Heartwood, pathological: Discoloured wood that is not true heartwood and with no natural durability.

Holes: A void in the timber.

Incipient decay: Early stages of decay in wood in which the color has changed but the strength and hardness have not yet been affected.

Indistinct: Not obviously different in appearance.

Intergrown knot: A sound or tight knot which has intergrown with the wood surrounding it. Bark or other voids are not visible on the surface of the wood and the knot is solid across its face, at least as hard as the surrounding wood, and shows no indication of decay.

Interlocked grain: Some fibres slope in a right-handed direction, and others in a left-handed direction.  Such wood is exceedingly difficult to split radially, though tangentially it may split fairly easily.

Internal check: A crack in the timber below the surface as a result of seasoning.

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Joinery: Finished timber fixtures of buildings such as doors, windows, panelling, cupboards, etc.

Joint, finger: An end joint in which wedge shaped projections in one piece of timber fit matching recesses on the other piece and are bonded together by an adhesive.

Juvenile wood: the first few years of growth around the pith.

Kaikaka: A form of decay occurring in standing totara. Kaikaka does not affect the durability of timber in service.

KAR: Knot area ratio. The area of the knot as a ratio of the area of the cross section of the timber. The proportion of cross section occupied by the projected area of the knot.

K.D.: Kiln dried.

Kerf: The width of the saw cut removed by the saw blade.

Kiln, conventional: is dried by controlling the moisture, temperature and air circulation. Heat is introduced via heat exchangers and warm humid air is removed via vents while cool dry air is introduced, usually at the other end of the kiln. Drying of hardwoods may require increased humidity such as introducing steam or water misting to slow the drying process.

Kiln, dehumidifier: A kiln working on the heat pump principle and evaporating moisture from the timber by a flow of warm air condensed on evaporator coils of a refrigeration unit and drained away. The refrigerant is compressed and passed through condenser coils, re-heating the air stream. Sometimes additional heat is applied in the early stages of drying.

Kiln-dry wood: Dried in a kiln with the use of artificial heat to a specified moisture content.

Kiln schedule: A stipulated set of dry- and wet-bulb temperatures and air velocities employed in drying a kiln charge.

Kino: A red gummy substance commonly found in eucalypts as either large pockets or in rings.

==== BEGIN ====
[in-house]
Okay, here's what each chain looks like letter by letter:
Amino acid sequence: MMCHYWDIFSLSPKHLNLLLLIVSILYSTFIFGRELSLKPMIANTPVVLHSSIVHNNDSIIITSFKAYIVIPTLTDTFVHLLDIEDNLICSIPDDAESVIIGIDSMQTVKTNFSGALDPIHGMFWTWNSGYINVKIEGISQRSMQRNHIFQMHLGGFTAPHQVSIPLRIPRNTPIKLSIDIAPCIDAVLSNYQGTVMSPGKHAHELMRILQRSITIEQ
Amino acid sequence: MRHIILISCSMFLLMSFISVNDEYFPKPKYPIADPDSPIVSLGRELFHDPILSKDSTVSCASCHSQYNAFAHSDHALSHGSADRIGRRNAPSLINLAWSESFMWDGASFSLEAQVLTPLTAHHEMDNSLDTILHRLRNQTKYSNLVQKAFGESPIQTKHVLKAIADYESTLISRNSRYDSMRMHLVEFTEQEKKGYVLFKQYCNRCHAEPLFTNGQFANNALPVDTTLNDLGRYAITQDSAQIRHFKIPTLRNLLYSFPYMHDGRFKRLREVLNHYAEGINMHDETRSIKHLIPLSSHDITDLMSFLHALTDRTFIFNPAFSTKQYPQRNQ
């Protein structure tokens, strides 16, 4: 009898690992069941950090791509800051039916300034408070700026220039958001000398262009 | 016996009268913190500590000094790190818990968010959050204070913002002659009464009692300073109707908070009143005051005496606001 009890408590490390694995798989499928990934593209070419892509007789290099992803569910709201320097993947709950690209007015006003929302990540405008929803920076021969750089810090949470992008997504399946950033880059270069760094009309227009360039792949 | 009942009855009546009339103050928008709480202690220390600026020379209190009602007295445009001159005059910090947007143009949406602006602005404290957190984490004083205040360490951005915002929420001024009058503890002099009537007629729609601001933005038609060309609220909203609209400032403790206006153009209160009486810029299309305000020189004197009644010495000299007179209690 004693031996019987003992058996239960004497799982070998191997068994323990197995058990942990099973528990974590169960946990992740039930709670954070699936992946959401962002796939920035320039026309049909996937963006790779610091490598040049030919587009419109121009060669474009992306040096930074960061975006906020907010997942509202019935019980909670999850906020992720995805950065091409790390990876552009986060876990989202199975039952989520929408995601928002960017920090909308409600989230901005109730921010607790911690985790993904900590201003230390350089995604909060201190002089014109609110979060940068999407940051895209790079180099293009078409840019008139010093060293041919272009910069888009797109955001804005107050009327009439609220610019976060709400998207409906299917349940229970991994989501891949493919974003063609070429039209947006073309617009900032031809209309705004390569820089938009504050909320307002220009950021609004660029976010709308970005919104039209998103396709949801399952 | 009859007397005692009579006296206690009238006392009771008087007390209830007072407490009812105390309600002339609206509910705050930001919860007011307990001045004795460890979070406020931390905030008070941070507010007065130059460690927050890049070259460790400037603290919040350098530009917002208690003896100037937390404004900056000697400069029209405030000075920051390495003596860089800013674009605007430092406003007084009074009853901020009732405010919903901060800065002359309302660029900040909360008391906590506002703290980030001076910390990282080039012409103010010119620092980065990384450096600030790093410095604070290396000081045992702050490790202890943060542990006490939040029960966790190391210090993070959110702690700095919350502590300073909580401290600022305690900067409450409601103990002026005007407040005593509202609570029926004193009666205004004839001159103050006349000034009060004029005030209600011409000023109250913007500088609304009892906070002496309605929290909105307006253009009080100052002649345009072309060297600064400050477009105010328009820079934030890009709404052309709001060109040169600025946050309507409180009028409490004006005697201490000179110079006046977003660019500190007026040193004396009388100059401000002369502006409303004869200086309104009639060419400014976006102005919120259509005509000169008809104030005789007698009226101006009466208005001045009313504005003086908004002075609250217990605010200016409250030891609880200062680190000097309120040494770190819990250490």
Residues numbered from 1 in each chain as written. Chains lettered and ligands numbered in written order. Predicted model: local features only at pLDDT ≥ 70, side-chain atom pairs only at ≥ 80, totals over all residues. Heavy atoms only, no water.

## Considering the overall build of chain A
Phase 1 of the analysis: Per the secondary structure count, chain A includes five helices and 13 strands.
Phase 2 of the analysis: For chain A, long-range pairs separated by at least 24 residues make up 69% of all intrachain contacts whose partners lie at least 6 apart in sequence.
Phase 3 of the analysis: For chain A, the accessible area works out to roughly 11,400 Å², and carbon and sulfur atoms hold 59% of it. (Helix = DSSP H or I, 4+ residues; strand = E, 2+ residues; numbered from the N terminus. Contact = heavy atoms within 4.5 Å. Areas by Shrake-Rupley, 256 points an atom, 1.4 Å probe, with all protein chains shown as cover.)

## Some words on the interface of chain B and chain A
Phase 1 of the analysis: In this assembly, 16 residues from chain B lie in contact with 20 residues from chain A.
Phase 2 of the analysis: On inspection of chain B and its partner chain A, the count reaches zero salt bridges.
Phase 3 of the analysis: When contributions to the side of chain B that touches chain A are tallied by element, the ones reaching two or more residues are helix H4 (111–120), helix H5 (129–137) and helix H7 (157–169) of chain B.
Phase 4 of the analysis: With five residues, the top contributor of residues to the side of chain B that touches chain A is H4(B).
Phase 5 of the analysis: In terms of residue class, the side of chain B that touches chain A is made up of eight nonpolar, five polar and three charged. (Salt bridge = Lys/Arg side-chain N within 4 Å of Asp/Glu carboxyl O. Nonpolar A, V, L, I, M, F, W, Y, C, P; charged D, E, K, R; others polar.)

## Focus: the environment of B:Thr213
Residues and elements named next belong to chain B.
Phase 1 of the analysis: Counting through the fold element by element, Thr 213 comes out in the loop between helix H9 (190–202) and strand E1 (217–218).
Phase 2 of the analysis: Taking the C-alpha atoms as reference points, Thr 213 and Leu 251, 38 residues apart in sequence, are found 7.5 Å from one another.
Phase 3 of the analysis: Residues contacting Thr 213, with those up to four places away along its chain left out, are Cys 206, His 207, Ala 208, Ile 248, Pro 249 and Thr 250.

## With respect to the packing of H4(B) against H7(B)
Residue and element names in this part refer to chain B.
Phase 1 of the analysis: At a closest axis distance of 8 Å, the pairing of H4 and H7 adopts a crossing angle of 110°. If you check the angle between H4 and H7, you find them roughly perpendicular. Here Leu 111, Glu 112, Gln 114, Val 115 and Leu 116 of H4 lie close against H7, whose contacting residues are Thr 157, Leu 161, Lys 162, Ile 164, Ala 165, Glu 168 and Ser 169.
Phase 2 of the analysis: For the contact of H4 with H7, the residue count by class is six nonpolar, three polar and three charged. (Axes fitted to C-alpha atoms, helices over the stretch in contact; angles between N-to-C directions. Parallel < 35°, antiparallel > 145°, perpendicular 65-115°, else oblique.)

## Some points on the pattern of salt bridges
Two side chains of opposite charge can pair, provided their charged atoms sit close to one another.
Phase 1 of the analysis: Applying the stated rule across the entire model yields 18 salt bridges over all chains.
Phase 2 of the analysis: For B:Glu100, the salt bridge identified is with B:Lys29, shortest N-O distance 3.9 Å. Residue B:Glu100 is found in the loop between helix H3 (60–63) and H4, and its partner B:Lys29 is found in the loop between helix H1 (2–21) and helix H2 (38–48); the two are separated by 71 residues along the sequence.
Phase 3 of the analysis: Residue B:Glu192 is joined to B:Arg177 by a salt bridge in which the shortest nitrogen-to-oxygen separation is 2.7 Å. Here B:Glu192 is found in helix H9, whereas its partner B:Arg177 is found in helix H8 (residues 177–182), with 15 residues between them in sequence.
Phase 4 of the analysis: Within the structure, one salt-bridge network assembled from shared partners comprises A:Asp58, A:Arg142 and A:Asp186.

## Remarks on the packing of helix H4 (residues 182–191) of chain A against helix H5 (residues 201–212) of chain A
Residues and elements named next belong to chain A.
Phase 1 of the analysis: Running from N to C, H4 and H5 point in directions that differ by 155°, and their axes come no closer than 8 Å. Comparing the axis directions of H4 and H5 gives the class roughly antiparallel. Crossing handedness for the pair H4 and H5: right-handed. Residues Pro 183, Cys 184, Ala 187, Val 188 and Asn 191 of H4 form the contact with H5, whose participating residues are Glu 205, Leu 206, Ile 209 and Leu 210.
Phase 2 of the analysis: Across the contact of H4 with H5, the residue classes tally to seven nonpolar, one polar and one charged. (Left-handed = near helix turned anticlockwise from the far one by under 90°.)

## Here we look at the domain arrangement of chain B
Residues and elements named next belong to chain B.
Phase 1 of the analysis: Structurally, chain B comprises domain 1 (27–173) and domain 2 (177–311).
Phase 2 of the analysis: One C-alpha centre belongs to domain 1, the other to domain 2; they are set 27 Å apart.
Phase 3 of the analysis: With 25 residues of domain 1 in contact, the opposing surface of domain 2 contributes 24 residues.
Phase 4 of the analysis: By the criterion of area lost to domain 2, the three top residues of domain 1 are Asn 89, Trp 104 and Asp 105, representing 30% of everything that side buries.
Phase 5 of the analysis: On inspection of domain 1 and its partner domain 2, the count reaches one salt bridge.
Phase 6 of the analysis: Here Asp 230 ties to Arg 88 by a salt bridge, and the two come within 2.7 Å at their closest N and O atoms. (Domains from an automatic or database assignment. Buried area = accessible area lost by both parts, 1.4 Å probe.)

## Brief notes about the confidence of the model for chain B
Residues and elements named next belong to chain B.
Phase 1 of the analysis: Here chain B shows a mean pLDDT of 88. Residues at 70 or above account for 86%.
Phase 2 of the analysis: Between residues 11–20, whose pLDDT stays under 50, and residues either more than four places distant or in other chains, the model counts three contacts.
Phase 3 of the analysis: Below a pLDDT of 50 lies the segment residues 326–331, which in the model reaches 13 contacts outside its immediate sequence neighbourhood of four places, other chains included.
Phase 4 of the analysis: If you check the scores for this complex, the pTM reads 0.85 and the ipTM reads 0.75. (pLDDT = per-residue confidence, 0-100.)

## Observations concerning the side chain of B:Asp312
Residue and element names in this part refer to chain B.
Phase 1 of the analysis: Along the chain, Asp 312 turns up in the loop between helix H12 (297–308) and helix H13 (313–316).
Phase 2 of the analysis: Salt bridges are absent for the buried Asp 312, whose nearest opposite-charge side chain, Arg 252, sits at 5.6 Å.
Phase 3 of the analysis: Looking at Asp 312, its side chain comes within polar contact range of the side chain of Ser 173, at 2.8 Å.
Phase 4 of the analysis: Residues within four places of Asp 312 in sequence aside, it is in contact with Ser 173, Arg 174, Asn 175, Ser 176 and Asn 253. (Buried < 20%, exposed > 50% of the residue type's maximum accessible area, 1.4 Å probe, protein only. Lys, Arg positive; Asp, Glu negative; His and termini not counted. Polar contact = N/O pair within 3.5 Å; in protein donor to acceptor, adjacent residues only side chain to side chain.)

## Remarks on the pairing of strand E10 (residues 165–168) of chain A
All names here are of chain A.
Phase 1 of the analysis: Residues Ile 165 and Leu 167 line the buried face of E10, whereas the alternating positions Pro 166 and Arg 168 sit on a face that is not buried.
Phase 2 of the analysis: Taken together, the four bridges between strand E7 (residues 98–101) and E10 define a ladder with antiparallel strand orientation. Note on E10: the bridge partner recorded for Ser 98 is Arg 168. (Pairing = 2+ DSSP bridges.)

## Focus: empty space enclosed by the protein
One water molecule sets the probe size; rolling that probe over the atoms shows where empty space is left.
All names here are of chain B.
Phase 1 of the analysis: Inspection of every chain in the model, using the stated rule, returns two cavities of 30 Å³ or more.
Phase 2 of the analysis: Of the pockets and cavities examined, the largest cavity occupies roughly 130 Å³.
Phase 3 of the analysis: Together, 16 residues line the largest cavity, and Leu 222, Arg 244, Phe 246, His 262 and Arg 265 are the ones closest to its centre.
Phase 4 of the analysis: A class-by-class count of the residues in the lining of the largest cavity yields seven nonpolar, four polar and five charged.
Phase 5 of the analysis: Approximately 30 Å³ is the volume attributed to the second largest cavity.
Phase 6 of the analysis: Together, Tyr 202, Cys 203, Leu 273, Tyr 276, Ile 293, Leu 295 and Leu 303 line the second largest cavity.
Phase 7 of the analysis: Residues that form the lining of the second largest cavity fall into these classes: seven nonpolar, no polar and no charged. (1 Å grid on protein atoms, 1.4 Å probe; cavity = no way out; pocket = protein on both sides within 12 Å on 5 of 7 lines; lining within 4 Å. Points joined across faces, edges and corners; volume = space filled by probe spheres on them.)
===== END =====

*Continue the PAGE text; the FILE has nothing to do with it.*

Knot: That portion of a branch or limb that has been surrounded by subsequent growth of the stem.

Knot Area Ratio (KAR): The area of the knot as a ratio of the area of the cross section of the timber. The proportion of cross section occupied by the projected area of the knot.

Knot, bark-encased: A knot fully surrounded by bark as seen on the surface.

Knot, black: A knot whose colour is significantly darker than the surrounding timber. Can be either a tight intergrown knot or a loose knot

Knot, intergrown: A sound or tight knot which has intergrown with the wood surrounding it. Bark or other voids are not visible on the surface of the wood and the knot is solid across its face, at least as hard as the surrounding wood, and shows no indication of decay.

Knot, loose: A knot which is not firmly attached by wood or held in place, usually because it is fully bark encased. Like holes, effectively a void in the timber.

Knot, occluded: A knot which has partially healed over a stub which originated from pruning or branch breakage.

Knot, partially intergrown: A knot which has at least half its perimeter joined to the surrounding wood. 

Knot, pin: A sound intergrown knot not exceeding 15mm in diameter.

Knot, sound: A knot which has intergrown with the wood surrounding it and will thus not detach.

Knot, spike: Knot found on quartersawn timber, this knot is cut approximately parallel to the longitudinal axis so that the exposed section is elongated.

Knot, tight encased: A knot with more than half of its perimeter is loose (i.e. surrounded by bark) but which remains firmly in place.

Knothole: Opening produced when knots drop from the wood in which they were once embedded. Classed as a void.

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Laminated timber: An assembly made by bonding layers of veneer or lumber with an adhesive so that the grain of all laminations is essentially parallel.

Laminated veneer lumber: A structural lumber manufacture from veneers laminated into a panel with the grain of all veneer running parallel.

Latewood: The portion of the annual growth ring that is formed after the earlywood formation had ceased.  It is usually darker in colour, denser, harder and stronger than earlywood.

Length: Length of a piece of timber.

Lengths, random: Containing a variety of lengths.

Light framing: The use of small cross-section members to provide support and enclosure for a building.

Loader, front end: A vehicle employed in the loading, unloading, stacking, or sorting of logs or materials.

Log: A segment of a felled tree

Longitudinal: Oriented in the direction of the length of the wood grain.

Loose knot: A knots which is not firmly attached by wood or held in place, usually because it is fully bark encased. Like holes, effectively a void in the timber.

Lumber: The product of the saw and planing mill not further manufactured than by sawing, resawing, passing lengthwise through a standard planing machine, crosscutting to length, and matching.

Lumber recovery factor: Measurement of lumber recovery or yield from a quantity of log volume. A true measure of LRF is the finished shippable lumber per unit of logs delivered.

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Manufactured size: The dimensions for a given state of manufacture that are provided in product specifications.  Examples are rough-green, surfaced-dry, etc.

Matched, end: Lumber that is end dressed and shaped to make a tongued-and-grooved joint at the ends when laid end to end.

MC: Moisture content

Millwork: Woodwork, such as doors, window casings, and baseboards, ready-made.